More stuff on Currying and Promises

I know my last post was on currying but this is tool that has confounded me for a long time and I'm finally coming around to understanding what are appropriate use cases for it.

The problem with currying is I understand the concept. I understand what it is doing and what problems it solves. But where does one actually use it in real world code. I've been on the lookout at work and trying to shoehorn it in wherever possible but it hasn't quite fit until recently.

function sendRequest(res, template, context) {  
  if (!res.finished) {
      res.send(template(context)));
  }
}

This was the first chunk of code where the light finally turned on for me.

I love having the params passed in to this function. It makes this function pure and easy to write a unit test against. The problem was that it needed to be used in differents contexts where we only have 1 or 2 of the arguments. THIS is where currying comes in handy. Here is some context. This code is a serverside expressjs app.

Here is the work we do to get out index.html from the filesystem:

fs.readFile('index.html', 'utf-8', (err, file) => {  
  var template = _.template(indexHtml);
  // template is available
});

Here is a service call we make to fetch articles for our page:

articleService.getLatestArticles()  
  .then((context) => {
    //context is available
  }).catch(e => {console.error(e)})

Here is our express route:

app.get('/articles', (req, res) => {  
  //req is available
});

All of this might be overwhelming and ... it is. This is alot of context to juggle. Luckily we have a couple tricks to clean it up. First lets make a Promise for the filesystem read

function getIndex() {  
  return new Promise(resolve, reject){
    fs.readFile('index.html', 'utf-8', (err, file) => {
        if (err) {reject(err)}
          resolve(file);
    });
  }
}

Now lets use Promise#all so we fire off our calls at the same time but and resolve once both are complete.

var serviceCalls = [  
  articleService.getLatestArticles(),
  getIndex()
];

Promise.all(serviceCalls)  
  .then(([context, index]) => {
      // Now we have both our context and index.
  }).catch(e => {console.error(e)})

It's important to understand that these service calls are fetching their data at the same time and we only resolve once both have been completed. The following code executes one call after another which is much slower:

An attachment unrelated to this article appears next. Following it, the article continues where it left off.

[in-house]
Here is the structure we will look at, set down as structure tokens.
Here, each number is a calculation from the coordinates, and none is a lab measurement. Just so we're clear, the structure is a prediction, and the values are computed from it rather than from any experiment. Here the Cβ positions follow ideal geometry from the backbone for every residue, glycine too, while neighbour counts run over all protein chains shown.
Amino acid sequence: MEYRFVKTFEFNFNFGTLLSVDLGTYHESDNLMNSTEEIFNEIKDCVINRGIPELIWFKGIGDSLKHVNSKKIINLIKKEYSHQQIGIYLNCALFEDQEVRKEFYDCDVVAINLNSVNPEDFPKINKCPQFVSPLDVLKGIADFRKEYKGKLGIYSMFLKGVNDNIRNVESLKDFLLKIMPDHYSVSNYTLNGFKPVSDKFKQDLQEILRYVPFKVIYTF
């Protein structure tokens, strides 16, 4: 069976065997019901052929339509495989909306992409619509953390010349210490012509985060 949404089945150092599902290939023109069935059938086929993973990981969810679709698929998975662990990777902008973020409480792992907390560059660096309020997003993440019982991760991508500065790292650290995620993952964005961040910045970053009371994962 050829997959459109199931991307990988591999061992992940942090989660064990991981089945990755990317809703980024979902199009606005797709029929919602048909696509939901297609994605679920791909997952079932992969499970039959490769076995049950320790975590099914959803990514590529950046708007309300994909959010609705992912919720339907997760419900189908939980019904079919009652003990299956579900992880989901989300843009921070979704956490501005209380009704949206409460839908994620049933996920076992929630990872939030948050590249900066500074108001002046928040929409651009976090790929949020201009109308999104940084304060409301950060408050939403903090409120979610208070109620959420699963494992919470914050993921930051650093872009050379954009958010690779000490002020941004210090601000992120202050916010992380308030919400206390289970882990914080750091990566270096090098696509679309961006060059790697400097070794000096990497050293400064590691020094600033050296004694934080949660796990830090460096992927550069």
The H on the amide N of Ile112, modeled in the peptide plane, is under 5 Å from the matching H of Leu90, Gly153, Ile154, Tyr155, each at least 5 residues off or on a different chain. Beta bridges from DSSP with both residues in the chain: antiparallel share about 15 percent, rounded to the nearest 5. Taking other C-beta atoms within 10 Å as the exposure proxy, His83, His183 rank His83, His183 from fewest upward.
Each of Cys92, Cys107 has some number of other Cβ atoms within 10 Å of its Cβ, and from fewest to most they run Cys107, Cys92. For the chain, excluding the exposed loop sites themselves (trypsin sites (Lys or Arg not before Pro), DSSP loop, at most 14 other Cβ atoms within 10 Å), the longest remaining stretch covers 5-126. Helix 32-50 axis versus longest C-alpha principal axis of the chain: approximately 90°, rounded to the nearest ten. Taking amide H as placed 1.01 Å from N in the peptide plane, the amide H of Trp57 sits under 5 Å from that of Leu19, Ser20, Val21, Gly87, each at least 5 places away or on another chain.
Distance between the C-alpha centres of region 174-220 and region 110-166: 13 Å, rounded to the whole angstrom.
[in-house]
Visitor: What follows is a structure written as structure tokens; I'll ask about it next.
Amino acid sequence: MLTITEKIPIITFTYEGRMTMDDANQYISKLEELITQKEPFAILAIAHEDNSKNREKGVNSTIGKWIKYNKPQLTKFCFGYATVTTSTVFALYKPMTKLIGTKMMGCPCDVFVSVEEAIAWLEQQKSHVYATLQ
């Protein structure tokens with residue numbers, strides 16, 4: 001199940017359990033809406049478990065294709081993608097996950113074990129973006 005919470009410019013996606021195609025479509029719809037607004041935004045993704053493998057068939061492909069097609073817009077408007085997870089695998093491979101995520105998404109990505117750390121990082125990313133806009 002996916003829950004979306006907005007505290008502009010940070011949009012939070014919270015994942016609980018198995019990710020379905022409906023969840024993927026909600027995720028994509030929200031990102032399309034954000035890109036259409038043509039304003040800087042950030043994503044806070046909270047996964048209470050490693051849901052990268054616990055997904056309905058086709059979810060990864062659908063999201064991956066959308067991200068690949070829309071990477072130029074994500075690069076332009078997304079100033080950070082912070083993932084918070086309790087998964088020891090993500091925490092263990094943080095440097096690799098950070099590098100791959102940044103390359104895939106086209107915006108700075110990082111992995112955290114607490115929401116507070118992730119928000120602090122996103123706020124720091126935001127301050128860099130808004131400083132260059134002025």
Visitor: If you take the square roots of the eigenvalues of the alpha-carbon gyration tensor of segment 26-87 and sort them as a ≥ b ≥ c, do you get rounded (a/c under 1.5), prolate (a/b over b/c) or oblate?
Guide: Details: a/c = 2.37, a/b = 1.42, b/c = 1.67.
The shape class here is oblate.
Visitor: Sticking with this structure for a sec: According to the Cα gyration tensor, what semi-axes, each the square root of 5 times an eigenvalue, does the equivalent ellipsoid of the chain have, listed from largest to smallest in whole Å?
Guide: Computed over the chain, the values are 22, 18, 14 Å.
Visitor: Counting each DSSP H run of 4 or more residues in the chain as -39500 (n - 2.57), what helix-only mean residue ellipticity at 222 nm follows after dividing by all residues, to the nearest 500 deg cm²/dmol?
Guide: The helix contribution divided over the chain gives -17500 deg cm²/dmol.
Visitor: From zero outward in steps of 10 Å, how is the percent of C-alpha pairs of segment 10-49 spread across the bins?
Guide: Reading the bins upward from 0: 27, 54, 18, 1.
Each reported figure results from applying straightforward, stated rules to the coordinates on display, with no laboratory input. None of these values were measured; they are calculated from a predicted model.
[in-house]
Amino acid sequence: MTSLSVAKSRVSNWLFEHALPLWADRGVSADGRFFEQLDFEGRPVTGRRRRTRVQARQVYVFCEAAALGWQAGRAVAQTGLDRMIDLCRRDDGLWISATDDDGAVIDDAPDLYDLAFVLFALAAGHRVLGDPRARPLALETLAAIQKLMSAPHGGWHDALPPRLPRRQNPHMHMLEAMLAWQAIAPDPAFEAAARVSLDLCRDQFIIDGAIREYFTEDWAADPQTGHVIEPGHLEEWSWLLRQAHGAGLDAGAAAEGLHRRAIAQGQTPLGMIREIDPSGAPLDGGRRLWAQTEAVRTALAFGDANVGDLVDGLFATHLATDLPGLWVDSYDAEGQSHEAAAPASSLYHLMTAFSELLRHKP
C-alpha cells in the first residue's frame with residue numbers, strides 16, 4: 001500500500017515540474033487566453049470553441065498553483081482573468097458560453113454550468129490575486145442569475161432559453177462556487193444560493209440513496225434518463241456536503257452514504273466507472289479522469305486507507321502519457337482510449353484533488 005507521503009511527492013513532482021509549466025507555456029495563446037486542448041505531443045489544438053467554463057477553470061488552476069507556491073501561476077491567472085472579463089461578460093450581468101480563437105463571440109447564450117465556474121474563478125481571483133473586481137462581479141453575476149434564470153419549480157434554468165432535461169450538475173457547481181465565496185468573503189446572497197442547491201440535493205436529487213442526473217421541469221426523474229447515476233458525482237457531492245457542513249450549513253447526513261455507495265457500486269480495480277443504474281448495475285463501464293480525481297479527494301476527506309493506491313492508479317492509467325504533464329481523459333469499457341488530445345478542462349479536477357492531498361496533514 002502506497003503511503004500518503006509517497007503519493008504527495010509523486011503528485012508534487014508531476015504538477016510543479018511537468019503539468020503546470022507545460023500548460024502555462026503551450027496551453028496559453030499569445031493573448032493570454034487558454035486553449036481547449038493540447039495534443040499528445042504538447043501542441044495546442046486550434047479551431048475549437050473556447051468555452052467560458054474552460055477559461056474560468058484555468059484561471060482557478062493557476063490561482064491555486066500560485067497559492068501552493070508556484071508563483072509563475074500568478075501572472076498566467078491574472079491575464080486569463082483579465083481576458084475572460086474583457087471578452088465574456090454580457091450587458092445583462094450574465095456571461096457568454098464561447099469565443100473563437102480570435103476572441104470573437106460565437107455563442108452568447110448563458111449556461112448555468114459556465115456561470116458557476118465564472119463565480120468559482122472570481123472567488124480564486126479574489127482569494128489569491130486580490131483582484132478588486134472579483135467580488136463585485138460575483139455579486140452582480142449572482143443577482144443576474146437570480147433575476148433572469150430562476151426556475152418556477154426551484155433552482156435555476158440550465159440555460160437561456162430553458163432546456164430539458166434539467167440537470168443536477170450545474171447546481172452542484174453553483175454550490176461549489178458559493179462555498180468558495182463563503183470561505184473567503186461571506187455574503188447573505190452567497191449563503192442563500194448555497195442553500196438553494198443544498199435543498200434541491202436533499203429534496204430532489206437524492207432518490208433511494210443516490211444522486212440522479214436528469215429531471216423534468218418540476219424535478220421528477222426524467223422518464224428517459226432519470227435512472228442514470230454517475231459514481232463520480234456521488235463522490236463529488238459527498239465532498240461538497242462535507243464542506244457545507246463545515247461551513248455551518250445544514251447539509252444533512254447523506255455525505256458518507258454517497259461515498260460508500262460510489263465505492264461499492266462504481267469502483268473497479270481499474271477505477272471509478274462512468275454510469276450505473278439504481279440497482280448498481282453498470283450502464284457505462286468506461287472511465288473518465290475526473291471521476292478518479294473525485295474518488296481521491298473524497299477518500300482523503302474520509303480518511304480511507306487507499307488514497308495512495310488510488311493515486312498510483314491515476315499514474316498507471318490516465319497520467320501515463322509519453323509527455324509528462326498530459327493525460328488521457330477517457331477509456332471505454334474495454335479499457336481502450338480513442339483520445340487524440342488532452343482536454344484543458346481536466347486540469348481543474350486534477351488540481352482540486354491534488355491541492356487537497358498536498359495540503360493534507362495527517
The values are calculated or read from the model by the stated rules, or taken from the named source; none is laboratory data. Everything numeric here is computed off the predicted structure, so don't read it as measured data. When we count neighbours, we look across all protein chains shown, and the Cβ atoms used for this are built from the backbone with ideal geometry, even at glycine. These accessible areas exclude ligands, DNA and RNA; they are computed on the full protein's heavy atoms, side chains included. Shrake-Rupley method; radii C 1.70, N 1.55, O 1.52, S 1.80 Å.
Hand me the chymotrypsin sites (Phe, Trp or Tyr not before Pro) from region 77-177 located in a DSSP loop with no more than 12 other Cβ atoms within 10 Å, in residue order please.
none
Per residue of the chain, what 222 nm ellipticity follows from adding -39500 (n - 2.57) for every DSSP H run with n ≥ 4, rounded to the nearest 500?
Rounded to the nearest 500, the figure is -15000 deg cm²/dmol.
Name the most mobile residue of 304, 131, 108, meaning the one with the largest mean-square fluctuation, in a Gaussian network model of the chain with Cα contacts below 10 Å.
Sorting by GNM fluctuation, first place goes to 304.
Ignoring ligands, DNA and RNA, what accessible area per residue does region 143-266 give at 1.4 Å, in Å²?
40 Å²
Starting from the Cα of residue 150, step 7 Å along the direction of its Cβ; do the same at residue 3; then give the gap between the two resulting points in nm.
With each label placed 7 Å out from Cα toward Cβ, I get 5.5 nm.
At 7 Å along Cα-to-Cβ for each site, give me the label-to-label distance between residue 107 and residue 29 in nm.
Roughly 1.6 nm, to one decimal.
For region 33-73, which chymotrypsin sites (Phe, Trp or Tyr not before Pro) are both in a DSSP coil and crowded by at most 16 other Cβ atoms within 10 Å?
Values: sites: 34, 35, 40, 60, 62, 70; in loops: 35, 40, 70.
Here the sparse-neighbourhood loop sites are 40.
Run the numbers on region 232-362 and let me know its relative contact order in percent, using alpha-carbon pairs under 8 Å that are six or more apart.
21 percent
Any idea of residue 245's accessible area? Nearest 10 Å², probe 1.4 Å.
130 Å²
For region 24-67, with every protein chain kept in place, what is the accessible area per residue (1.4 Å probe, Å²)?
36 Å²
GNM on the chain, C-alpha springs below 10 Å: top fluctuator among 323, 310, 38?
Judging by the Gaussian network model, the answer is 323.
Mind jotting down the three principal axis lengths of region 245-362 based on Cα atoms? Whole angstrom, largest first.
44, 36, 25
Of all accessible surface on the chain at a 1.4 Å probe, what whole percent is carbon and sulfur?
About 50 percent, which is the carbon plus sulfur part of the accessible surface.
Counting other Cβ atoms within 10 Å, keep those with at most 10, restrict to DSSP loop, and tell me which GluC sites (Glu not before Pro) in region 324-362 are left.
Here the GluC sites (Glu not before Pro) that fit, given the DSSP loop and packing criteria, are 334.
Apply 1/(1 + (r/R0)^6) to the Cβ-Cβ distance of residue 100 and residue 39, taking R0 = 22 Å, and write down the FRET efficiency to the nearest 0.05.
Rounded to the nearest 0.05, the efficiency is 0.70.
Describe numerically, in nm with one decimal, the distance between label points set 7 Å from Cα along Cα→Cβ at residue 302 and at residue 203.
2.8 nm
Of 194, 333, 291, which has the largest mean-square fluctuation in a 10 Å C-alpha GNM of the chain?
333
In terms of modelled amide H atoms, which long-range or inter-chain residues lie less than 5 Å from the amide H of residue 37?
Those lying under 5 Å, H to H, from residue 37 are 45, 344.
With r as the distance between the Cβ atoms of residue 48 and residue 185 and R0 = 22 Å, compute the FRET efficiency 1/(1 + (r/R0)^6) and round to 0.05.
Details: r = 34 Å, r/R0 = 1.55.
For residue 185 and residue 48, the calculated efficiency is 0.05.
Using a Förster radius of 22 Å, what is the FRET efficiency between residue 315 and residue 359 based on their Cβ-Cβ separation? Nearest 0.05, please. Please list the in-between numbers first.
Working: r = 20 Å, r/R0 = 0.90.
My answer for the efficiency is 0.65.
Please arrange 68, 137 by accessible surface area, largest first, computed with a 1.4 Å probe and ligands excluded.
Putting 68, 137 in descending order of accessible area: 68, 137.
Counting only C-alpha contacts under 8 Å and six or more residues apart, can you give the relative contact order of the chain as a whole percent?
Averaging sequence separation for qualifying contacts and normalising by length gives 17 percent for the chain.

articleService.getLatestArticles()
      .then(getIndex)
    .then(([context, index]) => {
        // context is `undefined` unless you plumb it through.
        // This is a sloppy pattern. Try to avoid using it and use Promise#all wherever you can.
    });

Anyways... So now we have our data and we need to send it back to the client. Let's put it all together:

function sendRequest(res, template, context) {  
  if (!res.finished) {
      res.send(template(context)));
  }
}

app.get('/articles', (req, res) => {  
  var serviceCalls = [
    articleService.getLatestArticles,
    getIndex
  ];

  Promise.all(serviceCalls)
    .then(([context, index]) => {
      sendRequest(res, _.template(index), context);
    }).catch(e => {console.error(e)})

});

This code works fine, so where does currying come in? It doesn't really solve any problems in this code but now that we understand the above problem lets play with currying a bit.

function sendRequestNotCurried(res, template, context) {  
  if (!res.finished) {
      res.send(template(context)));
  }
}

var sendRequest = _.curry(sendRequestNotCurried);

app.get('/articles', (req, res) => {  
  // Now that we have our req. Let's make a helper so we don't have to worry about it anymore.
  var wantsTemplateAndContext = sendRequest(req);
  var serviceCalls = [
    articleService.getLatestArticles,
    getIndex
  ];

  // Promise.all rejects all promises if one fails. We are using Q#allSettled so we can still send back an imcomplete page to the client without sending a 500 error.
  Q.allSettled(serviceCalls)
    .then(([contextResult, indexResult]) => {
        var index = indexResult.value;
        // Ignoring error handling for if the index.html fetch fails, let's create a function that can send a response to the client that takes different contexts.
        var wantsContext = wantsTemplateAndContext(index);
        var context;
        if (contextResult.state === 'fulfilled') {
          context = contextResult.value;
        } else {
          context = {errorMessage: 'Oops!'};
        }
        //Now we send out response back to the client. All arguments are satisfied now and `sendRequestNotCurried` will be called.
        wantsContext(context);
    });

});

This wasn't the greatest example of a good spot to use currying. The reason why I used it though is that in a real application, passing a function around to different parts of the program that just want a single argument is very useful. Currying is great for making functions that take many arguments easier to reason about. Also it makes the functions easier to test.